Traditional diets around the world have always called for the culturing or fermenting of certain foods and beverages. Although modern food processing is focused on quick, convenient, packaged, and microwavable “foods,” we are in the midst of a modern-day food revolution as the consumer demand for fresher and healthier food choices grows.
In recent years, there has been an unfortunate rise in food allergies and sensitivities as well as gut and immune system issues, causing us to look to our ancestors for ancient wisdom regarding food and healing. As the news spreads about the benefits of naturally cultured and fermented foods, there continues to be an uprising of tremendous interest in unpasteurized, pickled, cultured and naturally “soured” dairy products, vegetables, breads, beverages and more. Here are some of the many benefits:
- Fermented foods contain beneficial bacteria that help create the proper balance of healthy to pathogenic bacteria in our intestines.
- Fermented foods contain important enzymes that help make food easier to digest and assimilate.
- When used as a condiment with meals, fermented foods aid digestion by increasing the acidity of stomach acid, making protein digestion much easier.
- Fermented foods may aid digestive issues such as acid reflux, IBS and other gut-health problems.
- The natural process of aging can cause a decrease in the production of stomach acid and digestive juices. Eating or drinking even small amounts of fermented foods and beverages on a regular basis may help to correct this.
Fermented beverages are nature’s answer to unhealthful, artificially sweetened or sugar-ladened commercial sodas. For people sensitive or allergic to dairy, naturally cultured foods and beverages are a source of dairy-free probiotics. Some popular fermented beverages include:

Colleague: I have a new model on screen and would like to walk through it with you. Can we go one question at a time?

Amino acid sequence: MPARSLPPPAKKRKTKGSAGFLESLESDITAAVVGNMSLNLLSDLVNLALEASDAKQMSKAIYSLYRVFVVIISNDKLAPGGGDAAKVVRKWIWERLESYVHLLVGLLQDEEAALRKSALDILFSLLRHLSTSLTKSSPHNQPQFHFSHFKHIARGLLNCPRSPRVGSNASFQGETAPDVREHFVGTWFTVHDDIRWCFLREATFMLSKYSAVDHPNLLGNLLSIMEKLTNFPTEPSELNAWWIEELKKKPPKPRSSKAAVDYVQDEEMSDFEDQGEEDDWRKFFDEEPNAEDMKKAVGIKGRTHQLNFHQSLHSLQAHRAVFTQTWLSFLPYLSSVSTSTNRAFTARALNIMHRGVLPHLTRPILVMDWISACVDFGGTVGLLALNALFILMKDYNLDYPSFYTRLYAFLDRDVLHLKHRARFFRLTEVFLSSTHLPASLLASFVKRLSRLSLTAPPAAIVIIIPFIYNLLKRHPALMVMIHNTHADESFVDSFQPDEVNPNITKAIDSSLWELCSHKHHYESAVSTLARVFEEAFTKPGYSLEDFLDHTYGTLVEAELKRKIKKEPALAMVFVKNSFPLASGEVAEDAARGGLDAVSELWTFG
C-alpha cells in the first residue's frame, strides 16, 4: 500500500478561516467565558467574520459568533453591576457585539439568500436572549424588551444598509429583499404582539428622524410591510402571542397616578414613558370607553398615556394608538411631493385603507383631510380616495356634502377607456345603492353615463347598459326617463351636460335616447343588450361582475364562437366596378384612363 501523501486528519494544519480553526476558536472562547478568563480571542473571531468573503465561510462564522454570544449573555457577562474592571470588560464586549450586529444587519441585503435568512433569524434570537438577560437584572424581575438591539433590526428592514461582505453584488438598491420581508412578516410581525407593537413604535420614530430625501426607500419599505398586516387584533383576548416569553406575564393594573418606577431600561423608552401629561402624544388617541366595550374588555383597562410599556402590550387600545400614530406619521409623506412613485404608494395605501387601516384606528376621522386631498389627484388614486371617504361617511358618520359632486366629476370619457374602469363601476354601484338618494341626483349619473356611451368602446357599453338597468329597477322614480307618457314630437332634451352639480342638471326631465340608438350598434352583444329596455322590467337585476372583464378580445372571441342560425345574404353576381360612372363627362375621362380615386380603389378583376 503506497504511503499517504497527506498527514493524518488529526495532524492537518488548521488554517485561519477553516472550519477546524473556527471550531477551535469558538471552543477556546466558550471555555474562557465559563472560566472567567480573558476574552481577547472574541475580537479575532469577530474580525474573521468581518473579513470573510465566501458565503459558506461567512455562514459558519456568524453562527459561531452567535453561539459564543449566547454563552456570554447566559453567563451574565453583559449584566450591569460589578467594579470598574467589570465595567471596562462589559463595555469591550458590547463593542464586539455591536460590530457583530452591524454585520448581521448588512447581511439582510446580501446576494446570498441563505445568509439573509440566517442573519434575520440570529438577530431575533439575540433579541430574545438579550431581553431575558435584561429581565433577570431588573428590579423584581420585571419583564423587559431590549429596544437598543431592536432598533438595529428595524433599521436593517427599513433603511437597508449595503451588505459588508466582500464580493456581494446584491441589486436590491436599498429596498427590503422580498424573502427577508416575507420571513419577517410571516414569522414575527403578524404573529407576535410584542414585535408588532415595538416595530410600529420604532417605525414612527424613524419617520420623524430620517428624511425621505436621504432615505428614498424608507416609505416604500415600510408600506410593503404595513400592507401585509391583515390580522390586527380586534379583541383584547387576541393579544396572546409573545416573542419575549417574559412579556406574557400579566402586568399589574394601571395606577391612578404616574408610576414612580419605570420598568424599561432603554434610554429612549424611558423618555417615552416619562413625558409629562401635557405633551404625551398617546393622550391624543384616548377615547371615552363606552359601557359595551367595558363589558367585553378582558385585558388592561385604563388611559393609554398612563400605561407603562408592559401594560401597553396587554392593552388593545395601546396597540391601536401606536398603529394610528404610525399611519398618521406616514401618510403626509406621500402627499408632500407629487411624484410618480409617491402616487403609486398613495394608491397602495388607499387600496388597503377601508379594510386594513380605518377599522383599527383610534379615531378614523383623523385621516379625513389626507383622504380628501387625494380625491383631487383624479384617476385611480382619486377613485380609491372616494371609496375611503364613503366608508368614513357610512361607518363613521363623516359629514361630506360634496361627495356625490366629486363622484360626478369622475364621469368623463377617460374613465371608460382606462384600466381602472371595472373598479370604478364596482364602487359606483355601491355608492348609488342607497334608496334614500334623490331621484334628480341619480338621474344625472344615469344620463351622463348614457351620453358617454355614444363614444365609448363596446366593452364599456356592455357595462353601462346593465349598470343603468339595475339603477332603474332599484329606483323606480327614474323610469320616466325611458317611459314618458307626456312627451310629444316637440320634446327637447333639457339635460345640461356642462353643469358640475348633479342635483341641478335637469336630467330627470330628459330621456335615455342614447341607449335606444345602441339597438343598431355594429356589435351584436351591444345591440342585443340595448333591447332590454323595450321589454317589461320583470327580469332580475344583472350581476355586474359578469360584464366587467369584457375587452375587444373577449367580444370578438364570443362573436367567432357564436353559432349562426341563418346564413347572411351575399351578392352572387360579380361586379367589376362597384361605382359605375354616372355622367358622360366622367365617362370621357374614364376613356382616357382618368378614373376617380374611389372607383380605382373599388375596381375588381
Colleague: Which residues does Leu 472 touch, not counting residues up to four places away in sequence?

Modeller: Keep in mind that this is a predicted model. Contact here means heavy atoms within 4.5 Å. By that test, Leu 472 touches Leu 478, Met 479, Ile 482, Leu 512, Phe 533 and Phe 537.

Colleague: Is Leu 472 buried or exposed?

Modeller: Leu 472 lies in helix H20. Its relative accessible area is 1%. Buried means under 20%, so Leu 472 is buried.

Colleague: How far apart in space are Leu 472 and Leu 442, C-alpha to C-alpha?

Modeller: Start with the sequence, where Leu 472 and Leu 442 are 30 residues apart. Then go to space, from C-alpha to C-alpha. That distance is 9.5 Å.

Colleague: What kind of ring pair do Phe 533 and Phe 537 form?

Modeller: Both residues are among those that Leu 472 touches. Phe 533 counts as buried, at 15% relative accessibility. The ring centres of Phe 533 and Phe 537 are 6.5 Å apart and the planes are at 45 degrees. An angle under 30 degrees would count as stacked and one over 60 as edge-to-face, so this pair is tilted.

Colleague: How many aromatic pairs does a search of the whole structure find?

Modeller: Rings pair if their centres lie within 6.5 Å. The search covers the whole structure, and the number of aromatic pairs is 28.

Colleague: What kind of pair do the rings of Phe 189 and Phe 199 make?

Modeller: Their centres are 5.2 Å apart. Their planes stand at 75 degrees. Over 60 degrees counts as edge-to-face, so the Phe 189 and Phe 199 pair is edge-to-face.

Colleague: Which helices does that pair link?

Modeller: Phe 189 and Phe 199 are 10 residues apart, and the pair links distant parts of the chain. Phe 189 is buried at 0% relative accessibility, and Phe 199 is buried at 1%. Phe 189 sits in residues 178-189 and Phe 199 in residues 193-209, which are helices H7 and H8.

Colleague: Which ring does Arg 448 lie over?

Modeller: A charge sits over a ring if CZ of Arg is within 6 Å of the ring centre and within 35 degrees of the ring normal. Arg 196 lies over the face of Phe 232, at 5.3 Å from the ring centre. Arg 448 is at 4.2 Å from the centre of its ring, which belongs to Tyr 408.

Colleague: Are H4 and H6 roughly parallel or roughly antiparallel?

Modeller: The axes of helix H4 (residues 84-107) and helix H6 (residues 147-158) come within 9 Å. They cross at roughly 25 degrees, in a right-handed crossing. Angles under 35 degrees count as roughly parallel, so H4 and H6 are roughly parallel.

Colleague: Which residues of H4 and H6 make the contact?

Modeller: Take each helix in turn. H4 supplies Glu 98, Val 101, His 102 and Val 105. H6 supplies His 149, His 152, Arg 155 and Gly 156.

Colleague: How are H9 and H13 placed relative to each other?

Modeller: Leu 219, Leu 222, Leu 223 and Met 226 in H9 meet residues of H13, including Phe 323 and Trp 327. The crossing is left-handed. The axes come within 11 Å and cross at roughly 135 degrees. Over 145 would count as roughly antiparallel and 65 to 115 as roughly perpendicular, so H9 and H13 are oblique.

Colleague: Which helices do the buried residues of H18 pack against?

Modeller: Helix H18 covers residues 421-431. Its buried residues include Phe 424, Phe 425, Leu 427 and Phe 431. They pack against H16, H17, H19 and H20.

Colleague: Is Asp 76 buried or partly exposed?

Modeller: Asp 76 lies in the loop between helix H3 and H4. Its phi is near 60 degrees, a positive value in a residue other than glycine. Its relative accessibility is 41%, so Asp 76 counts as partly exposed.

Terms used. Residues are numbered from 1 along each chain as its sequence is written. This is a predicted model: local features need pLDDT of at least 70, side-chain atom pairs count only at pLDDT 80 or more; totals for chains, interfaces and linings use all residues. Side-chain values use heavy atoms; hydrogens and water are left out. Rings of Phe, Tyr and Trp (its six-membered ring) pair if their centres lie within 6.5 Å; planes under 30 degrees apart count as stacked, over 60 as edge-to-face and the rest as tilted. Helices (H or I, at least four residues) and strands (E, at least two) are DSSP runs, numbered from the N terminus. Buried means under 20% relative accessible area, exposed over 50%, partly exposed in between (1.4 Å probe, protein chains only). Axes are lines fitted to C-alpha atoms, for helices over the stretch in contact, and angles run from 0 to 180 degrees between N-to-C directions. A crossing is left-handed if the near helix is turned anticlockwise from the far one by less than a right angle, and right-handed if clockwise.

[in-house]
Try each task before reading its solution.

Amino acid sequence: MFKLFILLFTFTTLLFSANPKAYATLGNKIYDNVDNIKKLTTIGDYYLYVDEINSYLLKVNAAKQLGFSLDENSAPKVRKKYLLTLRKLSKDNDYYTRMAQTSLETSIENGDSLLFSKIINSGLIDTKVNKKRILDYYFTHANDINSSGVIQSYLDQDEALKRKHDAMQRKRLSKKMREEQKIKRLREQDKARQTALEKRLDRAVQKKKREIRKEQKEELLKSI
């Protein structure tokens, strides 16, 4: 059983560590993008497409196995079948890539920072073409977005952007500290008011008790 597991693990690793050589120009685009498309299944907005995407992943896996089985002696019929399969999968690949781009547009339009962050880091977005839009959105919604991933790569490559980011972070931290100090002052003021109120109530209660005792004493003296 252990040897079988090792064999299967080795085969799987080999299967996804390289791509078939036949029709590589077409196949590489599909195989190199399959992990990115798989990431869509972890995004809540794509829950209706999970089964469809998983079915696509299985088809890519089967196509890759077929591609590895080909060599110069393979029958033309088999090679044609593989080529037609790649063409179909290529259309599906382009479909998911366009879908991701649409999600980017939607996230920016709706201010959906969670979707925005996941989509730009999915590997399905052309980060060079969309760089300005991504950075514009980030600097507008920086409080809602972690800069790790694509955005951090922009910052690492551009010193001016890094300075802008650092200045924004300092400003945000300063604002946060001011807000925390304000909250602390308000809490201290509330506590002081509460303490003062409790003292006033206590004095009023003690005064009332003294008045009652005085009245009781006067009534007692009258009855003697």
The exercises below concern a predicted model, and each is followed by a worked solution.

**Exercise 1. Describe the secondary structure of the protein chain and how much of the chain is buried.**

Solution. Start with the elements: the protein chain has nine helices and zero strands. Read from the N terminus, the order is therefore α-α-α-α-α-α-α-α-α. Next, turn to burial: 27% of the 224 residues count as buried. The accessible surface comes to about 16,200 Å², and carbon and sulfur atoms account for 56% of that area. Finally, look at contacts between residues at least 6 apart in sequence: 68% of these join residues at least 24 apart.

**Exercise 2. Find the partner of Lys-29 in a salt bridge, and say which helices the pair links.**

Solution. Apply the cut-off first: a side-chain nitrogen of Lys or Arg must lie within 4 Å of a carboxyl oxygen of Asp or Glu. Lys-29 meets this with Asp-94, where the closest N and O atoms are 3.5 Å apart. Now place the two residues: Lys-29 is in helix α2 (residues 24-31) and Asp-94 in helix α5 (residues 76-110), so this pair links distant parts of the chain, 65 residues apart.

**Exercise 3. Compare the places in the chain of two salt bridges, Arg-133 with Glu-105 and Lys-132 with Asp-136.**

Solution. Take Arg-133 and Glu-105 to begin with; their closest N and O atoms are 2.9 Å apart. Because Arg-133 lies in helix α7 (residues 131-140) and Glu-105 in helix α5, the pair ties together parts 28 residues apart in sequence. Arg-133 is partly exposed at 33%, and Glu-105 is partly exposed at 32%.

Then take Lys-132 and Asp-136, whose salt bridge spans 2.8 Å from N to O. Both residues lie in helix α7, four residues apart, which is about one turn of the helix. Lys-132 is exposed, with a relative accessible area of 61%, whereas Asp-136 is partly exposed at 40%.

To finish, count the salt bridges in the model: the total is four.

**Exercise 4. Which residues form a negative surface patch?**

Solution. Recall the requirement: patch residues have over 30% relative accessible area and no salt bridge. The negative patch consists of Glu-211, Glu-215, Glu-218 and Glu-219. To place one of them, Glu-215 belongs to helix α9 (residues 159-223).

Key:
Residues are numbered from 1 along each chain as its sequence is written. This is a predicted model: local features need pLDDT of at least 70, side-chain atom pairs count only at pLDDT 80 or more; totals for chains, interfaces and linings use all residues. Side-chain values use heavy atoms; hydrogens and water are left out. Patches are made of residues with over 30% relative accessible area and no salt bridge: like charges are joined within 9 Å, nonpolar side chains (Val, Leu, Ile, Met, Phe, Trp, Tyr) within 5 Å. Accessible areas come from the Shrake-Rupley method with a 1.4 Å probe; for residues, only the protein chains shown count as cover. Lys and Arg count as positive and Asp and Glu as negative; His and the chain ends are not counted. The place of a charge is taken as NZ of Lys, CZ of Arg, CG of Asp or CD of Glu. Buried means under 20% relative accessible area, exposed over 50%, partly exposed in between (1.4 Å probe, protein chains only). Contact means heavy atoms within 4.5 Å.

- Kombucha – A lightly sweet, effervescent beverage enjoyed by many for its beneficial bacteria and health-promoting properties. Kombucha contains many species of friendly yeast and bacteria along with amino acids and antioxidants.
- Water Kefir – Cultures of bacteria and yeast are added to sugar water. The cultures metabolize the sugar, making water kefir a fizzy, fermented beverage that can be flavored as desired.
- Ginger Ale – True ginger ale is nothing like the common commercial brands available at grocery stores. It is a naturally fermented and lightly sweetened, robust ginger-flavored beverage teaming with beneficial bacteria. Traditionally-prepared ginger ale has been used as a remedy for stomach aches and other ills. Ginger helps to calm and settle the stomach, and it’s a potent anti-inflammatory.
Making homemade fermented beverages is popular and fun. In order to properly culture fermented beverages, make sure the recipe includes sugar. Many people use refined cane sugar or other sweeteners, even when they normally don’t include sugar as part of their healthy diet.
But it’s possible to avoid refined sugar when making fermented beverages: For making guilt-free, naturally cultured beverages, we recommend delicious organic jaggery, a natural, traditionally-prepared sweetener made by evaporating organic raw sugarcane juice without separating the molasses from the sugar crystals. Natural Jaggery contains vitamins, minerals, and trace minerals naturally present in whole sugar cane. For more information, check out our fact sheet on Jaggery, or visit us online at www.pureindianfoods.com to buy Jaggery.
Can you post your recipe to make ginger ale please?
We have posted Ginger Ale recipe on this page:
Glad to hear that, Alison.
Thank you so much for the answer to the missing piece in the 'ginger bug' fermenting process. Jaggery is also a great ingredient for fermenting in general as it is much healthier than refined whited sugar. I am so excited to know about this and look forward to using it not only for my ginger bug but also for all my fermented beverages made with a SCOBY, Jun or kefir grains.
This is very useful for health and great information.
Please guide; is cobination of fennel seeds Jaggery and lime a good drink to have at home. Would jaggery get fermented if kept for a long time if I choose to make a larger lot of about 20 litres?